Scapegoat or Con Artist: You Decide -

Glenn Neasham seems like a nice enough guy. He worked hard, and it sounds like he sold a lot of index annuities. He did well for himself and family selling annuity products that could be a tad hard for many people to understand and calculate. (For the record, I have no problem with successful agents who sell suitable products to suitable customers.)

All was well until 2008, but it wasn’t AIG, Lehman Brothers, crap mortgages, fire or brimstone that did in Mr. Neasham. No, 2008 was the year Mr. Neasham met a senior citizen named Fran Schuber. Fran arrived at Mr. Neasham’s office with her boyfriend Louis Jochim, who years earlier had purchased an annuity from Mr. Neasham. According to reports, Mr. Neasham escorted Fran and Louis to her bank to make a $175K withdrawal from Fran’s account. Fran purchased an index annuity and signed all disclosure forms needed for compliance purposes. (A bank employee promptly reported the transaction to the bank’s compliance department.) By signing the disclosure forms, Fran verified she understood the annuity contract’s features and penalties. So what’s the problem here? If a customer signs the disclosure documents, isn’t the customer responsible for the purchase?

Ah, this is where it gets interesting. Turns out that Fran was diagnosed with dementia in 2004. So at the time of sale four years later, should an agent, or any other person, have determined that something wasn’t quite right with Fran? I’ve sold annuities to seniors for years. Heck, I have a 98-year-old grandmother who’s still kicking, and I positively know when a transaction should or shouldn’t be done. Moreover, if she was diagnosed in 2004, how many years prior did she show symptoms? Listen, mistakes and oversights do occur and maybe Fran should just get her money back and Mr. Neasham return his commission to the insurer. We should all pretend that the transaction didn’t happen and everyone should go on their merry way, right? Nope.

The state of California fought hard to bring this case to trial. Mr. Neasham says he’s spent his entire savings fighting this case. In the end, after a huge expense of money, time and anguish, Mr. Neasham was found guilty of felony theft and was sentenced to 90 days in jail. And almost overnight, Mr. Neasham became a villian in the opinion of senior citizens and a victim and scapegoat in the opinion of the index annuity industry at large.

The annuity industry believes Mr. Neasham had no evidence of Fran’s history of dementia. The woman came to Mr. Neasham’s office on the advice of long-time satisfied customer Louis. He owned an index annuity and he thought an index annuity would yield Fran more interest than her bank account. But if everything was so crystal clear, why did Mr. Neasham have to escort the two seniors to the bank? Couldn’t Fran have written a check or delivered a check soon thereafter? Or did Mr. Neasham think he better get involved or this transaction might be lost? Either way, I think there is ample doubt about how to interpret this transaction.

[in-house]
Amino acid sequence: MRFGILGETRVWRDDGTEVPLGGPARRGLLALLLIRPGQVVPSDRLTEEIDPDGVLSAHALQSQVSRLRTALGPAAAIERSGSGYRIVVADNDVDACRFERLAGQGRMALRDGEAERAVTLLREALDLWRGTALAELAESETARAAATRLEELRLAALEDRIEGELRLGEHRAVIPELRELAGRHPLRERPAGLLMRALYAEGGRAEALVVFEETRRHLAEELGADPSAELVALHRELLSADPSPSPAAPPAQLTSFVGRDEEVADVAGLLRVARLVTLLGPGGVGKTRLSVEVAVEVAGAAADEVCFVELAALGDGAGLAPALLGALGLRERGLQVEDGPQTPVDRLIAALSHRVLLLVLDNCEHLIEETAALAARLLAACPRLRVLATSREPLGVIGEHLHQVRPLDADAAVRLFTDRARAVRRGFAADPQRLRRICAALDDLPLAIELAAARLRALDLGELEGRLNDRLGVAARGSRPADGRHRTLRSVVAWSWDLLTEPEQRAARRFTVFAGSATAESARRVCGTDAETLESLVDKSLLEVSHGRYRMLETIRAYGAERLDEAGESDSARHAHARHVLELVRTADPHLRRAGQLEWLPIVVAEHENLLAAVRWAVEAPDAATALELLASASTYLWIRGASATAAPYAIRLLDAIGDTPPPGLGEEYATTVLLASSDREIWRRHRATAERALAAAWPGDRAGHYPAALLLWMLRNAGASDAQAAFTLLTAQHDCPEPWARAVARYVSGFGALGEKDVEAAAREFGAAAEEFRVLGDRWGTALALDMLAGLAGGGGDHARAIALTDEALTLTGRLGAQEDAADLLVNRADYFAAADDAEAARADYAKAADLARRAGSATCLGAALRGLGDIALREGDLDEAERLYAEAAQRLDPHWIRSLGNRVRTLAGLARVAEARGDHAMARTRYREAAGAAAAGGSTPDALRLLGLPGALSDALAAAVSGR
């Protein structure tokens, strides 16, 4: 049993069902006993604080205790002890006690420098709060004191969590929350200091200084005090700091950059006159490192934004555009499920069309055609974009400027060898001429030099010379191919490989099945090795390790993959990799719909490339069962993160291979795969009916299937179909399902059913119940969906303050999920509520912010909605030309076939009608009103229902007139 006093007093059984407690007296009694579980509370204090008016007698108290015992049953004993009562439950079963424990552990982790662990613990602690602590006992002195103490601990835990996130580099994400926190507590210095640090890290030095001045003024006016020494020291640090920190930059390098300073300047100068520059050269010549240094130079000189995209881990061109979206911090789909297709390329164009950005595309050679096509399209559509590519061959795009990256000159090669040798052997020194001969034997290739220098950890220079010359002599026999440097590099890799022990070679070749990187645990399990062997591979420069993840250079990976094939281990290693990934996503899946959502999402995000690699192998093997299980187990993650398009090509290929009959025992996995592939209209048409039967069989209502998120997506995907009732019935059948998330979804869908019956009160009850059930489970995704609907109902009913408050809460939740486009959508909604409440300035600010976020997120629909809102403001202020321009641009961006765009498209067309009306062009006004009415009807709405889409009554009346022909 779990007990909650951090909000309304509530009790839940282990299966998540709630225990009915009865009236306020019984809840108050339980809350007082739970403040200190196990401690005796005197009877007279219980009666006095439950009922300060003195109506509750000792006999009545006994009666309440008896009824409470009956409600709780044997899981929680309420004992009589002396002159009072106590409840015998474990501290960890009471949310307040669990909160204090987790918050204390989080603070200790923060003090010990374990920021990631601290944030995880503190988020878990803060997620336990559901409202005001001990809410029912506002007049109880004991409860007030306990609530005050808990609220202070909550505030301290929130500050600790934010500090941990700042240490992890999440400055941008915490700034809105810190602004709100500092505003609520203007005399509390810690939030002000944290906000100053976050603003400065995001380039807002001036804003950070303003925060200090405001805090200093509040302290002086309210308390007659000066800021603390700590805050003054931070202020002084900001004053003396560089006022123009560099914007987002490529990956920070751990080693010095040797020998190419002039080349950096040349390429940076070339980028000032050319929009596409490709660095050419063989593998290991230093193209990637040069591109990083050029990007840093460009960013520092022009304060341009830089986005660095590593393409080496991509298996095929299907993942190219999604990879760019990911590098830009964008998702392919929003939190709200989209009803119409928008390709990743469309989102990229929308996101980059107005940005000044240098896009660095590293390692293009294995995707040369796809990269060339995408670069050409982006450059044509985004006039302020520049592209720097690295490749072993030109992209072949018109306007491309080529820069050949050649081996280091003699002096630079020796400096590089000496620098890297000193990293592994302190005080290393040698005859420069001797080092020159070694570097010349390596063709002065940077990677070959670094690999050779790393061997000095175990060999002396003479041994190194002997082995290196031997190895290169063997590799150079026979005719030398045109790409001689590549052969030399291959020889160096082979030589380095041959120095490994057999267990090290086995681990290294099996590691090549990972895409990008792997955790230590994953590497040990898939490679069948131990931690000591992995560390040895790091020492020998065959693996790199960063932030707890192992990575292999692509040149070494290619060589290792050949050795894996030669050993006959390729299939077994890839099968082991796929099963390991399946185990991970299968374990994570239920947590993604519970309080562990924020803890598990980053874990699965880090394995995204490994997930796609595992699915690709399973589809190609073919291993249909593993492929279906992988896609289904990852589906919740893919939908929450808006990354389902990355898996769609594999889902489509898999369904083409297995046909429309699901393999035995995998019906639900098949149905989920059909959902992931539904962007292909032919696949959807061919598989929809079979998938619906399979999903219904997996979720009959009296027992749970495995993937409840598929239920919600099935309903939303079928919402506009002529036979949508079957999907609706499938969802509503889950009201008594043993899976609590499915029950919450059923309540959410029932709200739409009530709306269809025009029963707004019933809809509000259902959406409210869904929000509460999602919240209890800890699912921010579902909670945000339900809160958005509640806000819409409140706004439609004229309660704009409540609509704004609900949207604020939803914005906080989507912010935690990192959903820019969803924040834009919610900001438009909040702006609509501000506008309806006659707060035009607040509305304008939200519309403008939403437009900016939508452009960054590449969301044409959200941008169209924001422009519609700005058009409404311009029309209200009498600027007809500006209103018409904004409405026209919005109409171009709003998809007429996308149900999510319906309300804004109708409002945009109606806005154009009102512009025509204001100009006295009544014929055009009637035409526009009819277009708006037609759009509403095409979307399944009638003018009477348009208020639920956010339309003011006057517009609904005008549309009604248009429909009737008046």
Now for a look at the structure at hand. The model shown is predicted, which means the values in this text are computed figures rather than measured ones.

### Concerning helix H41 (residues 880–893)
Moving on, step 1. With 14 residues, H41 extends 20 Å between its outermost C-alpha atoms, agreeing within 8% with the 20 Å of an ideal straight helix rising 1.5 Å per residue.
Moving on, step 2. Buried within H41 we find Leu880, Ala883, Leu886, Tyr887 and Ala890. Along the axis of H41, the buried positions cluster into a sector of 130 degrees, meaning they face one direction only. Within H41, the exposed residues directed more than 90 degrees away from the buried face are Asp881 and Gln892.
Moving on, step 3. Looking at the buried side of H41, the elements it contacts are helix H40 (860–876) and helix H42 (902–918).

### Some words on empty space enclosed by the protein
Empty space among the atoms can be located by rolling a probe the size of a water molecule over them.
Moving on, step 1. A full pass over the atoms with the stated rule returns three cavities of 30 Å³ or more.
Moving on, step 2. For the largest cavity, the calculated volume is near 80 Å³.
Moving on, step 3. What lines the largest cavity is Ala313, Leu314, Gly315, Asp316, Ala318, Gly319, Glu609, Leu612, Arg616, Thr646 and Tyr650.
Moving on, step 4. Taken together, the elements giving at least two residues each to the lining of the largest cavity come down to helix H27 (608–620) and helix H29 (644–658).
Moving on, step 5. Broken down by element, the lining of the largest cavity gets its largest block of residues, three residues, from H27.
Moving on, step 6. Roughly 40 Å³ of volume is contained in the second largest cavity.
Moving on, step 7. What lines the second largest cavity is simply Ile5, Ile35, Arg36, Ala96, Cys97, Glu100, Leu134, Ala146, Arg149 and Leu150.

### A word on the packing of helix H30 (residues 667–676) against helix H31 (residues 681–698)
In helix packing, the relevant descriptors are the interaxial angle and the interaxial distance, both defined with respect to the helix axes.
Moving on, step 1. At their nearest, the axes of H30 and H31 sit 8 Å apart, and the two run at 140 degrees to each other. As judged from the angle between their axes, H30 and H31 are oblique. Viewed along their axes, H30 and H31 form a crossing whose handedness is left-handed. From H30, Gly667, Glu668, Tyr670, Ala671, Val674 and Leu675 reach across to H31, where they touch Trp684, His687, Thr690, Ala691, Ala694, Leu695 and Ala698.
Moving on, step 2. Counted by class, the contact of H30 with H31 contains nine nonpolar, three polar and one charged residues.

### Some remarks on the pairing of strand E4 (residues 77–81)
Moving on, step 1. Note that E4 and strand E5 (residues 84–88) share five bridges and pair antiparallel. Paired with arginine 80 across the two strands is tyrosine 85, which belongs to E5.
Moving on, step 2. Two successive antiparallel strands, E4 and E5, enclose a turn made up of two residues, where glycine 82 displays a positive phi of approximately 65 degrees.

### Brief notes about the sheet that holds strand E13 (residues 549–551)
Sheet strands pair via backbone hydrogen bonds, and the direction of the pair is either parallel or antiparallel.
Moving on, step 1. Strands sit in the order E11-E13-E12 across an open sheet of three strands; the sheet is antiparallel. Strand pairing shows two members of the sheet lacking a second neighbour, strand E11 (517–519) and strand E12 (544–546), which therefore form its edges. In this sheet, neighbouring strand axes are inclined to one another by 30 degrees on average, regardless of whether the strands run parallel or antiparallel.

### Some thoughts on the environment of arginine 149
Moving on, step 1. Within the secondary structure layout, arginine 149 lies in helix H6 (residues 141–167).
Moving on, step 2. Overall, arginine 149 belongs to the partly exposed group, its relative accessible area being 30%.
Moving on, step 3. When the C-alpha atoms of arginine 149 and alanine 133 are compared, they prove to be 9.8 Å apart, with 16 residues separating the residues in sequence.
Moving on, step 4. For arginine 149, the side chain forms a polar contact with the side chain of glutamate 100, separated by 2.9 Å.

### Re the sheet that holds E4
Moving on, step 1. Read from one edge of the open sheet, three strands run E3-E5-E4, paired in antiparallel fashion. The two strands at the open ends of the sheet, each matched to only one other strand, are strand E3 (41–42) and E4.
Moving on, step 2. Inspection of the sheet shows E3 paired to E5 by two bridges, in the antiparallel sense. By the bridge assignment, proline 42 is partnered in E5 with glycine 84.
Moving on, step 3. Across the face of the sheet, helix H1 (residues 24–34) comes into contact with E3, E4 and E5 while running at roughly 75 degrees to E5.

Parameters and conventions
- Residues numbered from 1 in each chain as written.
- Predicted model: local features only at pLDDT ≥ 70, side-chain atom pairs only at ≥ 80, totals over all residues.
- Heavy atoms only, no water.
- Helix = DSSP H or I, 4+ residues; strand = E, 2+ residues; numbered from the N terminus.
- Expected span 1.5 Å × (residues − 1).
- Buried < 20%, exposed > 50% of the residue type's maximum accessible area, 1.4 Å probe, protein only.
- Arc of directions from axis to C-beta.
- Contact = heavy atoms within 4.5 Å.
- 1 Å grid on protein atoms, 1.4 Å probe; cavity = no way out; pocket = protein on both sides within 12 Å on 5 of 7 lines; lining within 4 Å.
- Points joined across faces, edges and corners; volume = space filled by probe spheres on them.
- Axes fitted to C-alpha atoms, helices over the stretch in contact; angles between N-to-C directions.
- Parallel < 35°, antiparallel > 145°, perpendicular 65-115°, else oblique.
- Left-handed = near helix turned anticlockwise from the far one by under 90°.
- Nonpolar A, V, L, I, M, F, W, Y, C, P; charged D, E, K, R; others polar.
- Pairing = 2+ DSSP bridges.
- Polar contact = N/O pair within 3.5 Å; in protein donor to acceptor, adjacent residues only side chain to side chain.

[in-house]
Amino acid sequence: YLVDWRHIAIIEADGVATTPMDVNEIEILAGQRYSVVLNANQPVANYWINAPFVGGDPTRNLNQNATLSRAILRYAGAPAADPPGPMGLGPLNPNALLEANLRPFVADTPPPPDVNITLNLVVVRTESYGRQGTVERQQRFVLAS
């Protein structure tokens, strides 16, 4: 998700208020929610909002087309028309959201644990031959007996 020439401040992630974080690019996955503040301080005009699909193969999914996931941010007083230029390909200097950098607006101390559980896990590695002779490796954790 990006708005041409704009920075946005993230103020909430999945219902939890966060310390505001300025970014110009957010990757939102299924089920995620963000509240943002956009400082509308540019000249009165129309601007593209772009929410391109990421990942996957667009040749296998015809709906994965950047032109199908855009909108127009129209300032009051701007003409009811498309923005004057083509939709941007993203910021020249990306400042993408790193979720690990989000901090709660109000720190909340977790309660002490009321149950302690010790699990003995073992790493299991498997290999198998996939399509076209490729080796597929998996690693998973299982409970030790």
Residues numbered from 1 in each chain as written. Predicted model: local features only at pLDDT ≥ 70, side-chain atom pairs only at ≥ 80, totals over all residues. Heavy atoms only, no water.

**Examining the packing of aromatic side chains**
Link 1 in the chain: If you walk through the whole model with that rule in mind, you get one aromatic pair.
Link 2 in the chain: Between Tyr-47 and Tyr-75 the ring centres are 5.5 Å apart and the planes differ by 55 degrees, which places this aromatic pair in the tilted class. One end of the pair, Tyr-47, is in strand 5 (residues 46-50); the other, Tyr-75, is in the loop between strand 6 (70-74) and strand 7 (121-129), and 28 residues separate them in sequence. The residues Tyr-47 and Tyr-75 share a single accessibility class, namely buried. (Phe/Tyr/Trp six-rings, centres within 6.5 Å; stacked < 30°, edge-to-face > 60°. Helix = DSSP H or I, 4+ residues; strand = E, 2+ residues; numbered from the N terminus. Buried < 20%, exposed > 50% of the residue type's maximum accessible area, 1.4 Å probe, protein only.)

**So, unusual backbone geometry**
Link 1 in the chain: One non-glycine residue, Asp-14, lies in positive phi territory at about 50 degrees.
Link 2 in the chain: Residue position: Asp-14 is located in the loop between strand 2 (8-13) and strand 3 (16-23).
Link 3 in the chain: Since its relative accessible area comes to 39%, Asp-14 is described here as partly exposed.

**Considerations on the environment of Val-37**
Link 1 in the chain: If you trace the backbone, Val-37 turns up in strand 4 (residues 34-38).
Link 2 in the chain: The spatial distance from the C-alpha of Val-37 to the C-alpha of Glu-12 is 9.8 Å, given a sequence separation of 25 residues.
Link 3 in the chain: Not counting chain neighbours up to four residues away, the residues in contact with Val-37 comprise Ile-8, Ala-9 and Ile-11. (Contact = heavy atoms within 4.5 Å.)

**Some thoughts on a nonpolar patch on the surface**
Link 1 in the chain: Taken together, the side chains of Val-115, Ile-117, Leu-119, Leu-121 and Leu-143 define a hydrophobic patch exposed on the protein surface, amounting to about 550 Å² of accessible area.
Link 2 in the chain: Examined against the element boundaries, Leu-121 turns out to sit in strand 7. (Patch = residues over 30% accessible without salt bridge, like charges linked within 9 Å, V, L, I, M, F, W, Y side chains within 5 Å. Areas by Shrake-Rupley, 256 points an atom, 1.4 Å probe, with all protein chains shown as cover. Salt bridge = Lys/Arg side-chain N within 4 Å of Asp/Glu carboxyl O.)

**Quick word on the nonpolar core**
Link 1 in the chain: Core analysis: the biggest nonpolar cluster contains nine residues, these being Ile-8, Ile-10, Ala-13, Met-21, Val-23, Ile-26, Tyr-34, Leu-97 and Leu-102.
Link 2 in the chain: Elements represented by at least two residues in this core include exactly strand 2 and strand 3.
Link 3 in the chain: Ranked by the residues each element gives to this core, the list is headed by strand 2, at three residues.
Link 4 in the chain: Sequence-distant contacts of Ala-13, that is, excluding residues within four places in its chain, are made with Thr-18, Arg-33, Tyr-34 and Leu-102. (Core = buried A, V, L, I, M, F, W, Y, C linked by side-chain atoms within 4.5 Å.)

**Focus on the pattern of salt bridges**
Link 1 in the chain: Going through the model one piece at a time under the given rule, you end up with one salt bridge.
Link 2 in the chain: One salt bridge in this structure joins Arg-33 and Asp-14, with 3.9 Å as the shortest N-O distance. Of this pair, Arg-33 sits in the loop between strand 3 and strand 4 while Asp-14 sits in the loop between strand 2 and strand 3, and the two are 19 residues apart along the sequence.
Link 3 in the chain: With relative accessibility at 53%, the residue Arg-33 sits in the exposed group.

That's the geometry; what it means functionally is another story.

I do have some questions for Mr. Neasham. Here’s one: how did he hold himself out to the public? Did he call himself a financial advisor or planner? Or did he hold himself out as an annuity salesman or annuity specialist? In my experience, no one markets himself as an annuity agent. They are “retirement specialists,” “senior advisors” or “income planners,” to name a few.  If Mr. Neasham had a “planner” or “advisor” type of title, then I definitely have an issue with him. Being a planner or advisor connotes a deeper understanding of the client. Kind of like having fiduciary responsibility not just for the transaction but for the client’s welfare. However, if Mr. Neasham simply called himself an annuity salesman or specialist (which is highly doubtful), then I would find in favor of Mr. Neasham.

When you tally all the data here, the absolute bottom line is, an unsophisticated 83-year-old woman should not be purchasing a complicated index annuity. Sell the client a fixed annuity with few moving parts that are simple to understand. Or here’s an idea: maybe customers should be required to take a 10-minute quiz on the fundamentals of their purchase. I’ll tell you what, if I was an index annuity agent, I’d be creating my own customer quiz as we speak.

Pay-it Forward:

I love the “Job Lot” type dollar stores for the prices, of course, but also for their uniqueness. I save money shopping there and I truly have a good time. Where else can you buy steamed chestnuts in a bag? Maybe we can share this mentality with our youth. Having fun while saving money has always been a motto to live by!

Earl E Bird

I'm Earl E. Bird and I am very concerned about saving for my senior years. I am amazed at the stumbling blocks that exist when saving for retirement. That's why I take my time when making decisions on building my nest egg.

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